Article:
Moldova’s innovation hub: Changing the way we police
28 Oct 2014 by Alex Oprunenco, Cristina Lisii and Alexandru Cocirta
In June this year we launched our Innovation Facility with generous support from the Government of Denmark. The initiatives we fund involve end users as designers of solutions which are put directly to the test in various countries across the world.
For example, in Chișinău, Moldova’s capital, the renovation of a dilapidated Soviet-era police station was done differently - involving the community throughout the process.
Our office in Moldova, partnering with the municipal police, FutureGov and Studio TILT, quickly realized that changing the dynamics of a space involved more than just constructing a room and moving around some furniture. They considered questions such as:
- Can we create a space that makes the police more efficient, accessible, and trustworthy?
- What about the community? Can we make them feel happier, helpful, and more secure?
Here’s how they did it
Day 1: Understanding the needs
The first day was critical to change the police officers’ perception. We spent it learning about their daily issues, observing the constraints of the physical environment, and looking for possibilities for improvement.
Day 2: Bringing in the community members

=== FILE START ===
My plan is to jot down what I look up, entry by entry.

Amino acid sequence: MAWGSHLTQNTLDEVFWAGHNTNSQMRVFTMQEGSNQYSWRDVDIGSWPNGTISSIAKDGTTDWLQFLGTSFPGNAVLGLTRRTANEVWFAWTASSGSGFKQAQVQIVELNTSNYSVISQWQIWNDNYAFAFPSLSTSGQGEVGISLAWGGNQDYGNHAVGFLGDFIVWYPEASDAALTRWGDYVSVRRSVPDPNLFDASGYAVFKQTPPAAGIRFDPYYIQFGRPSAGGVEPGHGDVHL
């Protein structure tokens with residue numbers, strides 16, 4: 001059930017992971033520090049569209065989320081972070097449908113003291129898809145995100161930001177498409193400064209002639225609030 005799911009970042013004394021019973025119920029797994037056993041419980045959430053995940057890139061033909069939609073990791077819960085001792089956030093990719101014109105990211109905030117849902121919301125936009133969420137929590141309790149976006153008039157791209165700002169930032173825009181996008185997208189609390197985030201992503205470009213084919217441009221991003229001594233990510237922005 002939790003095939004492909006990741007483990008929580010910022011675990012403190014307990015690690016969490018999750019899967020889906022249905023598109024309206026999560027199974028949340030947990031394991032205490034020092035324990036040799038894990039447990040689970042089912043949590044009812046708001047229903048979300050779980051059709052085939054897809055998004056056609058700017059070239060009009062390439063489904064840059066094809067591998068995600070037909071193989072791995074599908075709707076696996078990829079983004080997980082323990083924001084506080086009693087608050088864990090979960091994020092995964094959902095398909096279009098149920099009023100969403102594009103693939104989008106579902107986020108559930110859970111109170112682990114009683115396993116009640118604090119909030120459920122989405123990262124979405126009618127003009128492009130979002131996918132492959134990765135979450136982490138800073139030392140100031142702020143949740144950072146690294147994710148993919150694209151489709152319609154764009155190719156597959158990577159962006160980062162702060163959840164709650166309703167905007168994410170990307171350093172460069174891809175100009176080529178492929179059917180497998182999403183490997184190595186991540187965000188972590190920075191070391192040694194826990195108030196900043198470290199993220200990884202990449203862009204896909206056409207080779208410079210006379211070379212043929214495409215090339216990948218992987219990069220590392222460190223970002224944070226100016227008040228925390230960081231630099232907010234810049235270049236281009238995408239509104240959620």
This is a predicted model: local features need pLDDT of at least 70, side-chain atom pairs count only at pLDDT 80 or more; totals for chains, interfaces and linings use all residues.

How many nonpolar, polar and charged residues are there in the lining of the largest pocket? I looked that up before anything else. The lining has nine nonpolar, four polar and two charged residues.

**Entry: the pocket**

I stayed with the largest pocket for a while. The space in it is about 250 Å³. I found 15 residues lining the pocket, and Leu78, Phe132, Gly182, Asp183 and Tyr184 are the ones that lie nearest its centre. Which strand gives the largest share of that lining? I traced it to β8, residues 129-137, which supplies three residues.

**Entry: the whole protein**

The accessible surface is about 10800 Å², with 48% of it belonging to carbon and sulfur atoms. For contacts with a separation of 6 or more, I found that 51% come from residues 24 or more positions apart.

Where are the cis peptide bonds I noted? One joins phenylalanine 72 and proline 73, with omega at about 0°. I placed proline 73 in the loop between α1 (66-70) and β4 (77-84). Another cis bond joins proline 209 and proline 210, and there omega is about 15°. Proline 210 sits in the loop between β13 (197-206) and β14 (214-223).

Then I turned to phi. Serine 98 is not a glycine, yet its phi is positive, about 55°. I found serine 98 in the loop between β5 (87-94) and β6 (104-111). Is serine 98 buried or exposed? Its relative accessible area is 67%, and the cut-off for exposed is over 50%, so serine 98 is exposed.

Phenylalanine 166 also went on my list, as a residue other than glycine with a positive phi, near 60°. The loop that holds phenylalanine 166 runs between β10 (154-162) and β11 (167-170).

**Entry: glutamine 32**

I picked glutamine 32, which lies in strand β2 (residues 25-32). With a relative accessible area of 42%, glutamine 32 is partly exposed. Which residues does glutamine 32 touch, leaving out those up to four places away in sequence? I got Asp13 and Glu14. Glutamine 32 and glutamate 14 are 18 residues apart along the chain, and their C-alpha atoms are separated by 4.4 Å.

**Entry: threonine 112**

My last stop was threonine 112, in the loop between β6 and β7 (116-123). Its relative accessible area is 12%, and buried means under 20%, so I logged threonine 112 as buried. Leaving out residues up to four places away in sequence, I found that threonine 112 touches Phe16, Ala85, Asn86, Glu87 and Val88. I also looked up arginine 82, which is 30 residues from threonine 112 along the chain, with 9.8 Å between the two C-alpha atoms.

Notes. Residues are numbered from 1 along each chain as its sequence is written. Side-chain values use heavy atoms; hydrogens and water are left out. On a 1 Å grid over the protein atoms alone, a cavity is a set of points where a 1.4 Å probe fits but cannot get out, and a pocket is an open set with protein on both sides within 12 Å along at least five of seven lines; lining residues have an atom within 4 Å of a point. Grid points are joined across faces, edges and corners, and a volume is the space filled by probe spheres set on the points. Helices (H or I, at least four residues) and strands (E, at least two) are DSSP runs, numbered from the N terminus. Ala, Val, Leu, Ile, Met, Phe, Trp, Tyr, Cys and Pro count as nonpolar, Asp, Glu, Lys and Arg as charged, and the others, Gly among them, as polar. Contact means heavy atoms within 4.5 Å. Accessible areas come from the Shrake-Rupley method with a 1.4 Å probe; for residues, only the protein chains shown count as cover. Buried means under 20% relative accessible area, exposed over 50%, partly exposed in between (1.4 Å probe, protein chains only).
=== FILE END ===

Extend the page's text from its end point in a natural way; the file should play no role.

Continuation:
We went to local markets and the police station to get the citizens’ point of view: their perceptions of the police and how a stronger bond could be forged. They spoke of their need to trust and know their police officers in order to appeal for their help when necessary.
Day 3: Preparing a prototype
Police officers and NGO representatives participated in our workshop to rethink not only the design of station itself, but the way they interact in that space. Based on their insights, a prototype of a better community police station was built and prepared for testing. It included tools for easy communication like information boards and clear, user-friendly signs.
Day 4: Testing the prototype
We collected valuable feedback, including the need for privacy when discussing delicate matters in an open space and the importance of having an officer-on-duty at the reception of the police station.
Day 5: Discussing the results
By the end of the week, we had moved the conversation from 'I don’t have' to 'I can' and agreed on cheap and simple solutions such as installing free public WIFI at the police station, installing an information board with useful info for citizens, and providing an inviting reception area with an on-duty officer.
Most importantly, we learned that involving the community is a challenge in itself and that there is a need to educate and engage people in changing public services and institutions. But the payoff is more than the refurbishment of a station, it will also overhaul the way police communicates with the community.
We’d love to hear from you: Are there other ways to redesign and opening up these types of spaces?
A longer version of this blog was posted previously on Voices of Eurasia – you can read it here.